Students consult with faculty in their option regarding policies and procedures governing practical experience. Multiple professional certifications are both possible and encouraged through judicious selection of field placements and elective coursework.

Recreation Management (57 Units)

The Department is committed to providing a generalist framework from which students may seek one or more professional certifications. See advisor for specific career preparation patterns. Electives are selected in consultation with and approved by the departmental academic advisor.

1. Lower Division Core (9 Units)

  • RTM 278 Recreation and Leisure in Contemporary Society (3)
  • RTM 202/L Planning Programs and Events for the Recreational Experience and Lab (2/1)
  • RTM 204 Foundations of Recreation Therapy and Special Populations (3)

2. Upper Division Core (27 Units)

  • RTM 300 Recreation and Community Development (3)
  • RTM 302 Dynamics of Leadership in Recreation and Human Services (3)
  • RTM 303 Promotion of the Recreation Experience (3)
  • RTM 304 Entrepreneurial Ventures in Recreation and Human Services (3)
  • RTM 402 Models of Play, Recreation and Leisure (3)
  • RTM 403 Evaluation Research in Recreation and Human Services (3)
  • RTM 490 Challenges in Leisure Services Seminar (3)
  • RTM 494ABC Senior Internship (6)
3. Electives (15 Units)
  • RTM 251 Recreation and the Natural Environment (3)
  • RTM 280 Organizing Campus Recreation and Sport (3)
  • RTM 294CS/L Recreation Service Learning Theory and Practicum (1/2)
  • RTM 305 Dynamics of Early Childhood Play (3)
  • RTM 310/L Adventure Recreation and Human Relations and Lab (2/1)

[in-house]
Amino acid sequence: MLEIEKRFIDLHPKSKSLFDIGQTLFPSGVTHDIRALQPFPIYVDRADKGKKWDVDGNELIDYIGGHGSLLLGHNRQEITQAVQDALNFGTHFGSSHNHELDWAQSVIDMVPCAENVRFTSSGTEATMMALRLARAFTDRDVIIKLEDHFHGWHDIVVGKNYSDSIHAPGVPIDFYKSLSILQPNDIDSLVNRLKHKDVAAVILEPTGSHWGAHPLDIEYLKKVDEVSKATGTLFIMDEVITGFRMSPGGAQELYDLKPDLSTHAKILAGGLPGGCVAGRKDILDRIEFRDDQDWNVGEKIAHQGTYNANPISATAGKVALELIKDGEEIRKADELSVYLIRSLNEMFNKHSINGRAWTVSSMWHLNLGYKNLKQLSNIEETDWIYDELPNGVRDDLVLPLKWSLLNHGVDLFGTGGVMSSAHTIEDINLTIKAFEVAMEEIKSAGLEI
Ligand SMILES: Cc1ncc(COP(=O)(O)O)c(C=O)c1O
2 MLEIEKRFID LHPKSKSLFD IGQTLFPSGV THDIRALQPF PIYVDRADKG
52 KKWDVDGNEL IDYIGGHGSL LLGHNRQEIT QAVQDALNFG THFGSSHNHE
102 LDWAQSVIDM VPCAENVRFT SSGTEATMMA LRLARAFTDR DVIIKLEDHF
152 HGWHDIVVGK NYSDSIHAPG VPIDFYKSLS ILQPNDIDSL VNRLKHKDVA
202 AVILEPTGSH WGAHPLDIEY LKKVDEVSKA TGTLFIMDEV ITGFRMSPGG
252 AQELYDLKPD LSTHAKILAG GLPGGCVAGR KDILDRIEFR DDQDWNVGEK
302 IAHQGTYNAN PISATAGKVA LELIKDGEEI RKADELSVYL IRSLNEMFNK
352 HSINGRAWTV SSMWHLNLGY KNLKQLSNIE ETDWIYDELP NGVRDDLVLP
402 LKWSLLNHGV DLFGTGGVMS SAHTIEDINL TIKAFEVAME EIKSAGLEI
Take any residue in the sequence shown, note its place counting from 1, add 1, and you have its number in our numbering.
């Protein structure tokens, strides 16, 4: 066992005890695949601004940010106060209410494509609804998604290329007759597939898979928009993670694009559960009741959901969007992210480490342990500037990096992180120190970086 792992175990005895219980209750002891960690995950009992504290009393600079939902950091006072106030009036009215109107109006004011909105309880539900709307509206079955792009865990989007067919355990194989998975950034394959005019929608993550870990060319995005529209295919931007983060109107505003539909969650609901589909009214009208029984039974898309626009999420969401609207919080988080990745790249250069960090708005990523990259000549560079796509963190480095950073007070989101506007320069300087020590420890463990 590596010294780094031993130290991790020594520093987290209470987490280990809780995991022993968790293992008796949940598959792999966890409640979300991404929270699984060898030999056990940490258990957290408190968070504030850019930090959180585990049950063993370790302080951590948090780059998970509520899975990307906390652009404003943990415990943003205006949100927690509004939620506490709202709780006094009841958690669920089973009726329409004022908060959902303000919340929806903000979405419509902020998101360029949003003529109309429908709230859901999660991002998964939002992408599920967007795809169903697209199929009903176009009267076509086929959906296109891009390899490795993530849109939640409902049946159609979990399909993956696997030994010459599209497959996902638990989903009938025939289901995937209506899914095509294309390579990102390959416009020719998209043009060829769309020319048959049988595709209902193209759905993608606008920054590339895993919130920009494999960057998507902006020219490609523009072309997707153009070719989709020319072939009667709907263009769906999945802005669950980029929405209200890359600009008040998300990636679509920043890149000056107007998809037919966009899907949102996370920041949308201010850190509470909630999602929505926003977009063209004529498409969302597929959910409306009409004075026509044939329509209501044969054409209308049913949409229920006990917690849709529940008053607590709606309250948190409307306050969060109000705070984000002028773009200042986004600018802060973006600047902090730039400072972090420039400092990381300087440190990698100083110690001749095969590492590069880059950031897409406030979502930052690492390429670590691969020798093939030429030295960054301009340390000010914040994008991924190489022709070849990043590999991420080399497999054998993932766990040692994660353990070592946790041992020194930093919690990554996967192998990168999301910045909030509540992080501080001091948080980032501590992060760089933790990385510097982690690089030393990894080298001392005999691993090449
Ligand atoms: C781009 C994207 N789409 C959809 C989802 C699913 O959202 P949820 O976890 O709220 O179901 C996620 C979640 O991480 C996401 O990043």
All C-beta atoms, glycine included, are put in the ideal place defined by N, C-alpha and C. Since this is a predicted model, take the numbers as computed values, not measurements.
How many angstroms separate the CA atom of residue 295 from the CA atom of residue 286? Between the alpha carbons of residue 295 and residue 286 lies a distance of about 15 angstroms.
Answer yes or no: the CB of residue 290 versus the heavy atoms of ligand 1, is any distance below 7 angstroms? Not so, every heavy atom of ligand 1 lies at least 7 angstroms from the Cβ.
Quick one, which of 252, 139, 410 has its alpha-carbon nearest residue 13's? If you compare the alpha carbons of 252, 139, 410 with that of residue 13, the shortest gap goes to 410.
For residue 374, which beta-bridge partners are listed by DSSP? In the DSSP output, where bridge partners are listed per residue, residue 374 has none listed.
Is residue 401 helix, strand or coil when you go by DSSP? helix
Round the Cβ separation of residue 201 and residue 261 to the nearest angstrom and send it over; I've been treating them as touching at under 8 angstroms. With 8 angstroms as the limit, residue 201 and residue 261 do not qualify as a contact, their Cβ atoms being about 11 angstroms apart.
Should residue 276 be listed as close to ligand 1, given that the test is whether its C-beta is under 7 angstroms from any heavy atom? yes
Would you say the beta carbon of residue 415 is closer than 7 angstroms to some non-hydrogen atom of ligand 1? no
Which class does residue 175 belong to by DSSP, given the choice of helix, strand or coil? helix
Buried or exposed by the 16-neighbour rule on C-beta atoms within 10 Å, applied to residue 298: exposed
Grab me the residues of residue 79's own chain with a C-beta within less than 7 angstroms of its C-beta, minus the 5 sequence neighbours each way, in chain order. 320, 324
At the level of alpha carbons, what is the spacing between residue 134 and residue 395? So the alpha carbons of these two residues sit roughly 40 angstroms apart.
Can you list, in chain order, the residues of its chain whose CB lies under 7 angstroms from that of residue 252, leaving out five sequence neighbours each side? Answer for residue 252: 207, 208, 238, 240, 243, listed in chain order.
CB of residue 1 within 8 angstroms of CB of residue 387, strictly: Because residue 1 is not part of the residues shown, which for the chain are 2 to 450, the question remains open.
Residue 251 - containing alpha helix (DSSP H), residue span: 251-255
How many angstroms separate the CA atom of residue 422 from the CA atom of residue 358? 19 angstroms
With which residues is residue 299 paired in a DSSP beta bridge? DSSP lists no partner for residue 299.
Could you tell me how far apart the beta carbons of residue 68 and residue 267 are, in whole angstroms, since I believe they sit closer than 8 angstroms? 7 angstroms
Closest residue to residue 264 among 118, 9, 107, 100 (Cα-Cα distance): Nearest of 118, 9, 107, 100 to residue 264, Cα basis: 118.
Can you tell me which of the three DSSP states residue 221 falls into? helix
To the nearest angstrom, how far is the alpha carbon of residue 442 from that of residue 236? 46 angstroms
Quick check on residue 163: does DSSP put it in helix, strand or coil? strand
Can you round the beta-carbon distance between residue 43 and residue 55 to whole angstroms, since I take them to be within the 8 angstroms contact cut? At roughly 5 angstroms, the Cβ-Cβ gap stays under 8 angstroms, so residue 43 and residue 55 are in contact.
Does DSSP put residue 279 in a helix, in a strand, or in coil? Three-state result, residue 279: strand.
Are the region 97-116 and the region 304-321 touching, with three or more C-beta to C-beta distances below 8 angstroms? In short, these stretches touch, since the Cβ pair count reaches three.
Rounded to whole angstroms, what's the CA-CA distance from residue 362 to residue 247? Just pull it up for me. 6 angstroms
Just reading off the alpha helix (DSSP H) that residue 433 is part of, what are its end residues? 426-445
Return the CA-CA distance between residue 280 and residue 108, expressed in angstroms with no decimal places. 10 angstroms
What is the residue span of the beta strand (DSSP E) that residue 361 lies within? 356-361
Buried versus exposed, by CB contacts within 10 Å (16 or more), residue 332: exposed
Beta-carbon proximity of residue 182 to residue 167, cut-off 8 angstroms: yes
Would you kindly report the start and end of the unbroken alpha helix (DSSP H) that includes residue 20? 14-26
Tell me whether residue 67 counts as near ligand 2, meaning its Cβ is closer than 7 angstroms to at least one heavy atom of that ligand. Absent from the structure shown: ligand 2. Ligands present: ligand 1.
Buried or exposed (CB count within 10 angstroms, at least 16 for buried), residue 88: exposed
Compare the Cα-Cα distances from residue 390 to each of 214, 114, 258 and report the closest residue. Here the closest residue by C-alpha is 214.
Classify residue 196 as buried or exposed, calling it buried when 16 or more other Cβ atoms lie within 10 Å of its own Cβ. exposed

• RTM 314 Leisure Aspects of the Hospitality Industry (3)
  • RTM 330 Women, Leisure, and Ethnicity in the U.S. (3)
  • RTM 351 Practices of Outdoor and Environmental Education (3)
  • RTM 352 Play and Human Potential (3)
  • RTM 353/L Literature of the Wilderness Experience (2/1)
  • RTM 375A Recreation Therapy Programming and Adaptive Techniques (3)
  • RTM 375B Recreation Therapy Leadership and Programming (3)
  • RTM 405 Play and the Exceptional Child (3)
  • RTM 406/L Enhancing Childhood Creativity (2/1)
  • RTM 415 Leisure and Aging (3)
  • RTM 444 Nonprofit Organizations and Fund Development in Leisure and Human Services (3)
  • RTM 452/L Outdoor Recreation Leadership and Lab (3/2)
  • RTM 475 Recreation Therapy Process Management (3)
  • RTM 480 Recreational Tourism (3)
Up to 4 elective units may be selected from the following:
  • RTM 151A Backpacking (2)
  • RTM 151B Rock Climbing and Mountaineering (2)
  • RTM 151C Winter Mountaineering (2)
  • RTM 151D Flat-water Boating (2)
  • RTM 151E Whitewater Boating (2)
  • RTM 151F Survival (2)
  • RTM 151G Challenge/Ropes Courses (2)
  • RTM 151H Caving (2)
  • RTM 265 Water Skiing and Wakeboarding (1)
  • RTM 267/L Sailing (1/1)
Up to 3 elective units may be selected from the following:
  • RTM 398A Supervised Individual Project (1)
  • RTM 498A Field Assignment and Reports (1)
  • RTM 498B Field Assignment and Reports (2)
  • RTM 499A-C Independent Study (1-3)

Up to 6 elective units may be selected in career-related courses outside the department subject to the approval of the Departmental advisor.

  • Total Units in the Major
  • 57
  • General Education (Maximum Overlap 12 units)
  • 48
  • Additional Units